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How’s Your Grammar?

(Photo by Chris Ware/Keystone Features/Getty Images)

One of the unintended consequences of writing this blog has been the need to re-learn some grammar and punctuation rules from my elementary school days. I was reminded of this recently from a post I saw on Facebook. Someone who was unhappy with the immigration situation created a demonstration sign that said, “Respect ARE Country – Speak English.” Naturally the sign should have said, “Respect OUR Country.”

Is English The Hardest Language?

On a business trip I sat next to a Chinese youngster who had finished a summer internship at Yellowstone Park. And I asked him about English versus Chinese. He told me that English was very easy to read and write but very hard to speak. He did speak very good conversational English but with a very heavy accent. I suppose every language has words that sound alike but have totally different meanings depending on how they are used in a sentence.

However, English seems to have more than its fair share. “Their,” “There” and “They’re” sound the same but have three totally different meanings. “Its” doesn’t mean the same as “It’s.”

Some Common Grammar Mistakes

Here are a couple of my favorites that you don’t see as often as the ones I shared above.

  • Advise and Advice: Advise means to recommend. “I would advise you to follow your doctors orders.” While advice means to give guidance.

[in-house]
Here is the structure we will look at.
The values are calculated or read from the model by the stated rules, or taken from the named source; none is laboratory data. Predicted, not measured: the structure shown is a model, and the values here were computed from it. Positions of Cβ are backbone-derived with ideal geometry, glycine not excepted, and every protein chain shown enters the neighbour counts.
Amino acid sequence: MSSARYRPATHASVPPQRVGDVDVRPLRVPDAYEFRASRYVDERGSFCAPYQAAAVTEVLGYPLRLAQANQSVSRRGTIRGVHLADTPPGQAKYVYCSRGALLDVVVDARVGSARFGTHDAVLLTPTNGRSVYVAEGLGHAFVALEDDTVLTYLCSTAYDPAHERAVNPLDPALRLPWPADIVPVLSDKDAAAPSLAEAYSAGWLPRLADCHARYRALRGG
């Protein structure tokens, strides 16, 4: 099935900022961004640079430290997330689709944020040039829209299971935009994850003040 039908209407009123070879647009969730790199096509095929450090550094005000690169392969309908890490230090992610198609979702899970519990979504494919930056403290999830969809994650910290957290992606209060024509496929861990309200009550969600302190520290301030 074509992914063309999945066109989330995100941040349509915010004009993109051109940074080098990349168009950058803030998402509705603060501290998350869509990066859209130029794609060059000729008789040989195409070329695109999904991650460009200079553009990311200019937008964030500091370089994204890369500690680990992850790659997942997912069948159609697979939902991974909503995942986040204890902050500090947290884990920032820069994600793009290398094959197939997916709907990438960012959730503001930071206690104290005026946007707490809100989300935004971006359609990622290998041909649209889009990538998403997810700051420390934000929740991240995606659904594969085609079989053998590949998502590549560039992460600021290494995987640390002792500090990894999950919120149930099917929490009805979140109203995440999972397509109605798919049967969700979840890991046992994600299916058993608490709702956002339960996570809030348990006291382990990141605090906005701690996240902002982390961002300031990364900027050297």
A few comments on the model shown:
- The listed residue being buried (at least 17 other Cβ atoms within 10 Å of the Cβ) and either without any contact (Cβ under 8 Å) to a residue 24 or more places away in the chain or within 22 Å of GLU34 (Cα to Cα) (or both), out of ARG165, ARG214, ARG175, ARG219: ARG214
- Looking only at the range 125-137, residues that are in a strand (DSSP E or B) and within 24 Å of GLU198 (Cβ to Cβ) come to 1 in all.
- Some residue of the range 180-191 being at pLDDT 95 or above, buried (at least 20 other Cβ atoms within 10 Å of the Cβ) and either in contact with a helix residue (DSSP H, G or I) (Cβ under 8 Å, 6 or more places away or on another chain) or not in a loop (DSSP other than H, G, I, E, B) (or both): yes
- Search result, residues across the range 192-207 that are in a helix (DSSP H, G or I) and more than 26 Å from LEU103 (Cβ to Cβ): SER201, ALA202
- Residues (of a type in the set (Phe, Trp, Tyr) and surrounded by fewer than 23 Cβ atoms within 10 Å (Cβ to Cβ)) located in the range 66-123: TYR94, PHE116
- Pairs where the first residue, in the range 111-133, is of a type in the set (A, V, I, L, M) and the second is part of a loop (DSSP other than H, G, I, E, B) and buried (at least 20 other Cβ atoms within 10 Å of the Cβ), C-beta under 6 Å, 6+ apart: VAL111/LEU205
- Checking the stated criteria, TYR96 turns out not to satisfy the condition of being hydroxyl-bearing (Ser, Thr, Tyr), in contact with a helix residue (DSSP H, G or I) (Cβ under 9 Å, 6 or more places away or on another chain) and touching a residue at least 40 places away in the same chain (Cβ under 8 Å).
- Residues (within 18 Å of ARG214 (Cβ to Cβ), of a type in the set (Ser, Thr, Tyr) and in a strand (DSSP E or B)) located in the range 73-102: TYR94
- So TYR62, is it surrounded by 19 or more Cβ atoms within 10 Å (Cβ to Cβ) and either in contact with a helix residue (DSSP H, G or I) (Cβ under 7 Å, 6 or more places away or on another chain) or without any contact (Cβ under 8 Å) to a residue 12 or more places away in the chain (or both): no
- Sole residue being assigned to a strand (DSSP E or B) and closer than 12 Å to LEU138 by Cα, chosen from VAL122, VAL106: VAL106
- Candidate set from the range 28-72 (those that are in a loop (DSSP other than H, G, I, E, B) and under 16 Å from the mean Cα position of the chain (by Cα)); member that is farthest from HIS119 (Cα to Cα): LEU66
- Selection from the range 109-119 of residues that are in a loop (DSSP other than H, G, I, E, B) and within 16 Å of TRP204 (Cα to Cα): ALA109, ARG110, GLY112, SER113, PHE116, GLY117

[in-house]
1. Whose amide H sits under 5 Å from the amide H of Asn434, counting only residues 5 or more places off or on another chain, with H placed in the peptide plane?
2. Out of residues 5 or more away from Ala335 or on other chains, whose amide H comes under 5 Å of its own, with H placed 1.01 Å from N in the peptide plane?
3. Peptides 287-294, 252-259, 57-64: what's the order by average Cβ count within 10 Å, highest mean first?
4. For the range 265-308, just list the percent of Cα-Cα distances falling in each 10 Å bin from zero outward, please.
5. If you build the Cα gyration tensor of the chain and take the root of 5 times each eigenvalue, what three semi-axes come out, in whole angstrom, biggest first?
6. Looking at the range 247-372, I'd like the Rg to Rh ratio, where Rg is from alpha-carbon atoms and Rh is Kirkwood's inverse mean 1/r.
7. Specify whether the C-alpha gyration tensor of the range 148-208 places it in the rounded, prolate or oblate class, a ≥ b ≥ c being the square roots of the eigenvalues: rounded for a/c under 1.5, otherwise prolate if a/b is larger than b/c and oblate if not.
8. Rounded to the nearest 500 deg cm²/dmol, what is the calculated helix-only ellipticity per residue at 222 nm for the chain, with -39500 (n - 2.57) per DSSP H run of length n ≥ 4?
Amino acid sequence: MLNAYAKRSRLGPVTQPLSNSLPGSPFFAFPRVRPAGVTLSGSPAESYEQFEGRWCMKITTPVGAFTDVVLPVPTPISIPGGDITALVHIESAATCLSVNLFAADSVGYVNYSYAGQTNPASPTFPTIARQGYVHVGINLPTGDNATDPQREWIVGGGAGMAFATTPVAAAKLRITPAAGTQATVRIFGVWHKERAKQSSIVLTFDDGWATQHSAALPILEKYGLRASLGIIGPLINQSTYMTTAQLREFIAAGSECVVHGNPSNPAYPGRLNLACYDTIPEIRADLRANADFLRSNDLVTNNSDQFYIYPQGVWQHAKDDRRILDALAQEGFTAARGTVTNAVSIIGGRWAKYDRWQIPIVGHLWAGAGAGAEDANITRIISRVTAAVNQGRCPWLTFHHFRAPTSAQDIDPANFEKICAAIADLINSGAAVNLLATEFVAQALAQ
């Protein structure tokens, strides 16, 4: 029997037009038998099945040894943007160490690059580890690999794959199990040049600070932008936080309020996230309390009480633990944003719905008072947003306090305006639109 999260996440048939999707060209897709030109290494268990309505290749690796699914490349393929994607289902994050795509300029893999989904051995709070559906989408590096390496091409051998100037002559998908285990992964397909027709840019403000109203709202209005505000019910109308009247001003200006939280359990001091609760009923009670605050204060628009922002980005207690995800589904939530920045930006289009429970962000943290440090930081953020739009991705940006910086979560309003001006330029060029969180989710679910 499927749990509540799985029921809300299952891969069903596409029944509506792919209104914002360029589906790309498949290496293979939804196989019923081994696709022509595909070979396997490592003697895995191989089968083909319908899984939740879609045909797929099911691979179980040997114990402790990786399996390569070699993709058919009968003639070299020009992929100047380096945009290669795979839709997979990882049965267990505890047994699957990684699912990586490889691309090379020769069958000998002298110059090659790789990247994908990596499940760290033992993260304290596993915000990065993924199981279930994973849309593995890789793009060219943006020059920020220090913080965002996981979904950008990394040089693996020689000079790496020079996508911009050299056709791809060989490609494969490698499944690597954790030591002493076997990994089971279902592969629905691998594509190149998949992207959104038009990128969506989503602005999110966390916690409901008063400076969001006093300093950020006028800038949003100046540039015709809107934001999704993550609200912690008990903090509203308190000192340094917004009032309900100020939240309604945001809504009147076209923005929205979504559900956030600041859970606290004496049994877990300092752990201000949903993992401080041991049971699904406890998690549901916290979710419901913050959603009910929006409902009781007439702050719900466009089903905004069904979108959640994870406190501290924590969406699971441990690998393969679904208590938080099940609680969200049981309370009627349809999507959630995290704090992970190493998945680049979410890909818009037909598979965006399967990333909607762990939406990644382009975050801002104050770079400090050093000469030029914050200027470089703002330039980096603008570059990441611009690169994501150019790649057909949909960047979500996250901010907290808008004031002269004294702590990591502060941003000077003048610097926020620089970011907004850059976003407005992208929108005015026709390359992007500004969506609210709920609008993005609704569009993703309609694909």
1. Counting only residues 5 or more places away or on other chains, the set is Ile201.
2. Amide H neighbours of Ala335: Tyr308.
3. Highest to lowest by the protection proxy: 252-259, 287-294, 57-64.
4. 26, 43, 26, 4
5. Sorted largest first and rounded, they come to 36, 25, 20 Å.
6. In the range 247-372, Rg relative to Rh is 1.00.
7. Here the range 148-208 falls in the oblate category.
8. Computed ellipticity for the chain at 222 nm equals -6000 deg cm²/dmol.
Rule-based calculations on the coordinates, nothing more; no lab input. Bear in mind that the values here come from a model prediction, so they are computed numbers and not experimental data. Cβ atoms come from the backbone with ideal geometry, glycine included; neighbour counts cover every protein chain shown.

• Complementary and Complimentary: Complementary adds something to make things better. “The song selection was very complementary to the wedding.” Complimentary refers to something given free. “I have complimentary tickets to the opera.”
  • Conscious and Conscience: Conscious referrers to being aware or awake such as regaining consciousness. An example of conscience is the ability to know right from wrong, such as having a guilty conscience.
  • Principle and Principal: The noun principle is a rule or basic belief. “It’s the principle of the thing.” Principal is a descriptive adjective referring to the most important thing. “Principal Jones will give the lecture.” An easy tip to remember this one is that the adjective “principal” is your pal. The last three letters of the word.
  • Adverse and Averse: The adjective adverse means harmful or unfavorable. “The union members were working under adverse conditions.” Averse, also an adjective refers to avoidance of a condition. “The patient was averse to the prescribed treatment.”

Some Final Thoughts

I’m sure over the past year that I’ve been doing this blog I’ve probably interchanged some of the wording above. But that doesn’t mean that I’m not always trying to get things correct.

For those who really know their grammar misuse of words is like fingernails on a blackboard. Not pleasant. So I am going to do my best to adhere to the strict rules of grammar from now on. Because I know that a preposition is a terrible thing to end a sentence with.

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